Click-Through Rate Estimation for Rare Events in Online Advertising

Click-Through Rate Estimation for Rare Events in Online Advertising

Xuerui Wang (Yahoo! Labs, USA), Wei Li (Yahoo! Labs, USA), Ying Cui (Yahoo! Labs, USA), Ruofei Zhang (Yahoo! Labs, USA) and Jianchang Mao (Yahoo! Labs, USA)
Copyright: © 2011 |Pages: 12
DOI: 10.4018/978-1-60960-189-8.ch001
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In online advertising campaigns, to measure purchase propensity, click-through rate (CTR), defined as a ratio of number of clicks to number of impressions, is one of the most informative metrics used in business activities such as performance evaluation and budget planning. No matter what channel an ad goes through (display ads, sponsored search or contextual advertising), CTR estimation for rare events is essential but challenging, often incurring with huge variance, due to the sparsity in data. In this chapter, to alleviate this sparsity, we develop models and methods to smoothen CTR estimation by taking advantage of the natural data hierarchy or by clustering and data continuity in time to leverage information from data close to the events of interest. In a contextual advertising system running at Yahoo!, we demonstrate that our methods lead to significantly more accurate estimation of CTRs.
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The Internet revolution has driven a transformation of how people experience information, media and advertising. Web advertising did not even exist twenty years ago, but nowadays it has become a vital component of the modern Internet, where advertisements are delivered from advertisers to users through different channels such as display ads, sponsored search and contextual advertising. Based on a recent study by Interactive Advertising Bureau and PricewaterhouseCoopers International, online advertising revenue in the first half of 2009 reached over 10.9 billion US dollars (IAB & PwC, 2009). Recent trends have also witnessed that larger and larger share of advertisers’ budgets are devoted to the online world, and online advertising spending growth has greatly outpaced some of the traditional advertising media, such as radio and magazine.

There are many pricing models for online advertising. For example, in a pay-per-impression campaign, the advertisers pay for the number of ad exposures. This is a very popular model in display ads. Another example is pay-per-action, where the advertisers pay only if the ad leads to a sale or similar transaction. Both models have their own limitations. The pay-per-impression model does not consider ad performance while the pay-per-action model often has difficulty in tracking user transactions. Therefore, the success and effectiveness of online advertising campaigns is prevalently measured by whether users click on ads. This pricing model is called pay-per-click, where the advertisers pay a certain amount for every click. As a result, the click-through rate (CTR), defined as a ratio of number of clicks to number of impressions of an ad for a query or on a page, is one of the most useful and informative metrics to measure user response in online advertising. The use of CTR in online advertising is everywhere. For many advertising systems, CTR is one important factor to determine what advertisements to be displayed and in what order. In addition, advertisers often plan their budget based on historical CTRs or predicted CTRs.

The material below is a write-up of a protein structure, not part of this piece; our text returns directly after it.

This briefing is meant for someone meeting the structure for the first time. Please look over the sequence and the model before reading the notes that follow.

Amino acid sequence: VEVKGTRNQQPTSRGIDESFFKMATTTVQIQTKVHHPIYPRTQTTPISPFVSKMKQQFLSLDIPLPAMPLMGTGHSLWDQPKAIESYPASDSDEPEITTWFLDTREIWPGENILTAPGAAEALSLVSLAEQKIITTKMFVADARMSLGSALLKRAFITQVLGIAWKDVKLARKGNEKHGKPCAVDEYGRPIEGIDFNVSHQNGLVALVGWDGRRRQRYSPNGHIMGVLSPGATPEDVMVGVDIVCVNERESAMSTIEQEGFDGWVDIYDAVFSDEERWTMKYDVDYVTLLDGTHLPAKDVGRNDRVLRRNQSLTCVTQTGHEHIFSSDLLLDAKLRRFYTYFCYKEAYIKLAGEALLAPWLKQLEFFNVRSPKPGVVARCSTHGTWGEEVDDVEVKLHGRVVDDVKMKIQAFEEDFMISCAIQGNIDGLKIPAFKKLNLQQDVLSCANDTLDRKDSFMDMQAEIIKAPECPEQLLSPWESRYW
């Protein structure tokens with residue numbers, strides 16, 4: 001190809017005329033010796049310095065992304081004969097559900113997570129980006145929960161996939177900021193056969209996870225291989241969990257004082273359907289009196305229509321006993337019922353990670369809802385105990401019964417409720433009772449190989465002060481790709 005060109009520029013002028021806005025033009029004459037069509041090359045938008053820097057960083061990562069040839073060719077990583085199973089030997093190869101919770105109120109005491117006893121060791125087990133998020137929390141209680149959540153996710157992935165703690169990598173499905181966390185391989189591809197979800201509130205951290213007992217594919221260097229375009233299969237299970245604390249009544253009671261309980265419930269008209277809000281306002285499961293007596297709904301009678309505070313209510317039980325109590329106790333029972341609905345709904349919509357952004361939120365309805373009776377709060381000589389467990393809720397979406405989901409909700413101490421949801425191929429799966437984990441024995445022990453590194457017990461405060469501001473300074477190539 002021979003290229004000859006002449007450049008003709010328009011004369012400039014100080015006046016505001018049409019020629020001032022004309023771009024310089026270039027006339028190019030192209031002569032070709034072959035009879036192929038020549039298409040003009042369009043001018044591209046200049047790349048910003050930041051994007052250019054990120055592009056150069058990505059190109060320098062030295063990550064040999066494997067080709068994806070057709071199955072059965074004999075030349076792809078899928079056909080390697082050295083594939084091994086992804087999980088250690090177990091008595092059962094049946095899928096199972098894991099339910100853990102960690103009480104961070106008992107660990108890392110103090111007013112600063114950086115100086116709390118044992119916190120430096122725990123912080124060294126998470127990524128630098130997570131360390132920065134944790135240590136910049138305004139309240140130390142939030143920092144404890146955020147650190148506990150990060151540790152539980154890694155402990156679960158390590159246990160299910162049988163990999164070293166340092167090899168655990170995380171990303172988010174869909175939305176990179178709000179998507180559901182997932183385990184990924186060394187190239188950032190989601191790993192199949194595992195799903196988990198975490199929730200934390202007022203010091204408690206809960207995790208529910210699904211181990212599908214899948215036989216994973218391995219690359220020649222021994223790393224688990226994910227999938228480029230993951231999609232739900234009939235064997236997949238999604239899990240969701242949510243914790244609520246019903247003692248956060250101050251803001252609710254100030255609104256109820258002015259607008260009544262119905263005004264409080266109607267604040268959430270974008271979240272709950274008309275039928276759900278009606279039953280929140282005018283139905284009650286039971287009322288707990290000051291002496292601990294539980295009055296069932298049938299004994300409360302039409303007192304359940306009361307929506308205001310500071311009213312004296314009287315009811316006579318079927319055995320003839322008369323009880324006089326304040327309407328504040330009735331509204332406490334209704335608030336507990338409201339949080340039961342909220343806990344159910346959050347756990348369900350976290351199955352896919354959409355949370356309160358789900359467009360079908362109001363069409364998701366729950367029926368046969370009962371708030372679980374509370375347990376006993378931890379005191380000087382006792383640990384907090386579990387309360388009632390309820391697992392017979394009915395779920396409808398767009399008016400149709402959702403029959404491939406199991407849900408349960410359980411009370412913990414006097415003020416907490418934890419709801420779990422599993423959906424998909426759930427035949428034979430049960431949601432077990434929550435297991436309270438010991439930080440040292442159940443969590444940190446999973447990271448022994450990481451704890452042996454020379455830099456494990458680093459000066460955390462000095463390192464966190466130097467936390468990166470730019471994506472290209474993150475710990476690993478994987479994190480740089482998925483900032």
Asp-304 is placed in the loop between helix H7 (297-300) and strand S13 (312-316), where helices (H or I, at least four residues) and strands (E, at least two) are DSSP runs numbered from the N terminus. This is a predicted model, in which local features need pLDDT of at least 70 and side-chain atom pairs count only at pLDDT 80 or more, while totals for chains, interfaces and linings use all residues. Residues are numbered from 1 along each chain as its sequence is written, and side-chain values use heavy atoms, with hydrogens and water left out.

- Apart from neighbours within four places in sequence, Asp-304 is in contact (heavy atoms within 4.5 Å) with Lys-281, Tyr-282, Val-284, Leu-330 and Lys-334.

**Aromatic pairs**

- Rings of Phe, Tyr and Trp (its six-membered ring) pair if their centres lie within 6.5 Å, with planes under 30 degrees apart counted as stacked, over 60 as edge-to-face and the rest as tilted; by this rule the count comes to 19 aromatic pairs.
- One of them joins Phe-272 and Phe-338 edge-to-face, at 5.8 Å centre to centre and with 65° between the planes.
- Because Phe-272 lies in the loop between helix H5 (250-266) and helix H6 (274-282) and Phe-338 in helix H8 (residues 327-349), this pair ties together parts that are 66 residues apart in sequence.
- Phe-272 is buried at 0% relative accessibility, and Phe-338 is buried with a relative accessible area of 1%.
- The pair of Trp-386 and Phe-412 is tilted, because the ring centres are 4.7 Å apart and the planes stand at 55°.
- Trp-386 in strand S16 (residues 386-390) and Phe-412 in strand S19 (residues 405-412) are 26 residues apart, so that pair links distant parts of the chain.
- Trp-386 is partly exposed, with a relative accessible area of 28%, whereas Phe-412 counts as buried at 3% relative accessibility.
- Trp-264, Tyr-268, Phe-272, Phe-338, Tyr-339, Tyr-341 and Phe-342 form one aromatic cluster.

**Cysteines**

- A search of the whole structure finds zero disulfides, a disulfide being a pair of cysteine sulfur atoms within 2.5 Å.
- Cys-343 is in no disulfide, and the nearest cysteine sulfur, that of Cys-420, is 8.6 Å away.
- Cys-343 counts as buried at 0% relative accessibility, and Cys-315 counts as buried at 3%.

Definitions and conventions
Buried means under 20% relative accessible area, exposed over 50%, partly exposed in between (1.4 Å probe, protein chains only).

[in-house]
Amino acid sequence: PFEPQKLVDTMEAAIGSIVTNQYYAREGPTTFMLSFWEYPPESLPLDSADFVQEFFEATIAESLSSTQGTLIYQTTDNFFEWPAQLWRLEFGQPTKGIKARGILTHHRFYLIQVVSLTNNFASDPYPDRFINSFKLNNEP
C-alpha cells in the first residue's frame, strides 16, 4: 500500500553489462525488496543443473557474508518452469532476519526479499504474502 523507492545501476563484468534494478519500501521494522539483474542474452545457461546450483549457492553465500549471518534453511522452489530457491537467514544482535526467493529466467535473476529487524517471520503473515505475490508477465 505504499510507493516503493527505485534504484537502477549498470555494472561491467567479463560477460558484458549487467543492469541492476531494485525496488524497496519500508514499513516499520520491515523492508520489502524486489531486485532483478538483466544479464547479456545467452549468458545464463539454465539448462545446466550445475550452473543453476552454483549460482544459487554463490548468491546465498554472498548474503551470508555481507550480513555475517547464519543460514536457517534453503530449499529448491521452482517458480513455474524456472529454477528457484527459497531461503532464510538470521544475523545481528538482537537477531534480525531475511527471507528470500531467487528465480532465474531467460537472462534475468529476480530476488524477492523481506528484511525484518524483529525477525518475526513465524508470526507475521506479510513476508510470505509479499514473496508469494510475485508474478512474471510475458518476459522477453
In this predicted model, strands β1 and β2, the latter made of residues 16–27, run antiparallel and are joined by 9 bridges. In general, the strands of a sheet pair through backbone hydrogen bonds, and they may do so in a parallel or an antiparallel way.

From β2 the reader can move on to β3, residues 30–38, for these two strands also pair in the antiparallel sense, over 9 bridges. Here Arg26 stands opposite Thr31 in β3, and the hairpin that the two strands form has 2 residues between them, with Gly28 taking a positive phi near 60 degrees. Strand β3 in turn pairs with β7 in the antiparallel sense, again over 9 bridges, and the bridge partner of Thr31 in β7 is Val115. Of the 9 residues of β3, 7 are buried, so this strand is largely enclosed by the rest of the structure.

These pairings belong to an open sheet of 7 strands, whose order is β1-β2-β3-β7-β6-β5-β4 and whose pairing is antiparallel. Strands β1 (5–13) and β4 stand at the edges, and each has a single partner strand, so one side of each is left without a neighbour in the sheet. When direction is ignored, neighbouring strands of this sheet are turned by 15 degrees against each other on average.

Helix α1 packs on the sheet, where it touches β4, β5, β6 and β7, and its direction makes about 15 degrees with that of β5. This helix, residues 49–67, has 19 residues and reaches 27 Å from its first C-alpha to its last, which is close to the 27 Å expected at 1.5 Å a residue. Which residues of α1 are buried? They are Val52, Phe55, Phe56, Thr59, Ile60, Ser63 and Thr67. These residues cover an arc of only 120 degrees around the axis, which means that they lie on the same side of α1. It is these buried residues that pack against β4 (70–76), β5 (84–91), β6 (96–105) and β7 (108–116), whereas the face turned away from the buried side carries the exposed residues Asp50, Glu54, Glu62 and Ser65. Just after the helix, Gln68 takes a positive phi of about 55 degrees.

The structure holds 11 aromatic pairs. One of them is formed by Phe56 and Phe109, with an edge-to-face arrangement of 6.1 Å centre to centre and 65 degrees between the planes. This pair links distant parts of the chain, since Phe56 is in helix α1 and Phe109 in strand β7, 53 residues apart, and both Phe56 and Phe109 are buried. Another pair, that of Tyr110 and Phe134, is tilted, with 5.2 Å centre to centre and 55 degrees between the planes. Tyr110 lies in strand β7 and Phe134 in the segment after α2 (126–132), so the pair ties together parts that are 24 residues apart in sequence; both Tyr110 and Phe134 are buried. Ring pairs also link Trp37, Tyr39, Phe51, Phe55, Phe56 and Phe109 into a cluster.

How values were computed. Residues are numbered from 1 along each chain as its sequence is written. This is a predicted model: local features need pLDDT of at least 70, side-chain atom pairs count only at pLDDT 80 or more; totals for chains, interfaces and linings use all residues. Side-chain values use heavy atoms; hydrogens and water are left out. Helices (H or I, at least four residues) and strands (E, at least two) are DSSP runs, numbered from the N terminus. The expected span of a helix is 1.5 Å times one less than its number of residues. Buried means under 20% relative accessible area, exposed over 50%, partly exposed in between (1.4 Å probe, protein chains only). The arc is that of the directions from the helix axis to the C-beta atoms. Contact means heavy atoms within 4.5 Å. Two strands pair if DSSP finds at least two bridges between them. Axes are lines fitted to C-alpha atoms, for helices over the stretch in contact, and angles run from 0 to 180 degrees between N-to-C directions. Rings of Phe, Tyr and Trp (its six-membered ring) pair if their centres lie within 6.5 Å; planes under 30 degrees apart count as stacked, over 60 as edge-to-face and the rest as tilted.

In online advertising, a serving event refers to the showing of an ad in response to a user query, which can be a search query in sponsored search or a Web page in display and contextual advertising. The serving frequency varies for different queries and ads. Some popular ones account for a large fraction of Internet traffic while the overwhelming counterparts are extremely rare events, whose behaviors follow a typical power-law pattern. Even being infrequent, the revenue from the rare events generates a several-billion-dollar business, which makes estimating CTR for such rare events an extremely important and practical problem. Unfortunately, due to the sparseness, the CTR estimation for rare events is notoriously challenging and extremely unreliable, often with huge variance. There are two scenarios that are especially difficult to deal with. The first one is when we observe a click out of only few serving events. A direct estimation of the CTR is often much higher than the true CTR. Another case is when we observe no clicks at all out of thousands of serving events. This is very common in contextual advertising because many page/ad CTRs are on the magnitude of 0.1% or even lower. Again, a direct estimation is not desirable here. In order to address these issues, we need to take into account that rare events are not strictly independent to each other. Instead, the existing correlations or associations among events can be leveraged into the CTR estimation for rare events.

First, in many scenarios, attributes in event data are naturally organized in hierarchies, and/or can be clustered via data-driven methods. An illustrative example of a page to publisher hierarchy is shown in Figure 1. As we can see, the publisher “yahoo_food_specialday” (special day site for Yahoo! Food) contains many pages that are similar to each other, such as foods for birthday and anniversary. These pages differ in content but share some common themes in the big picture, and we would imagine CTRs on these pages should be closer than the one on a random page. In general, events close in data hierarchy or in the same cluster share certain commonality compared to the events far in hierarchy or in different clusters. Information from “close” events can be utilized to enrich what we can learn from rare events themselves.

Figure 1.

An illustrative example of a page to publisher hierarchy

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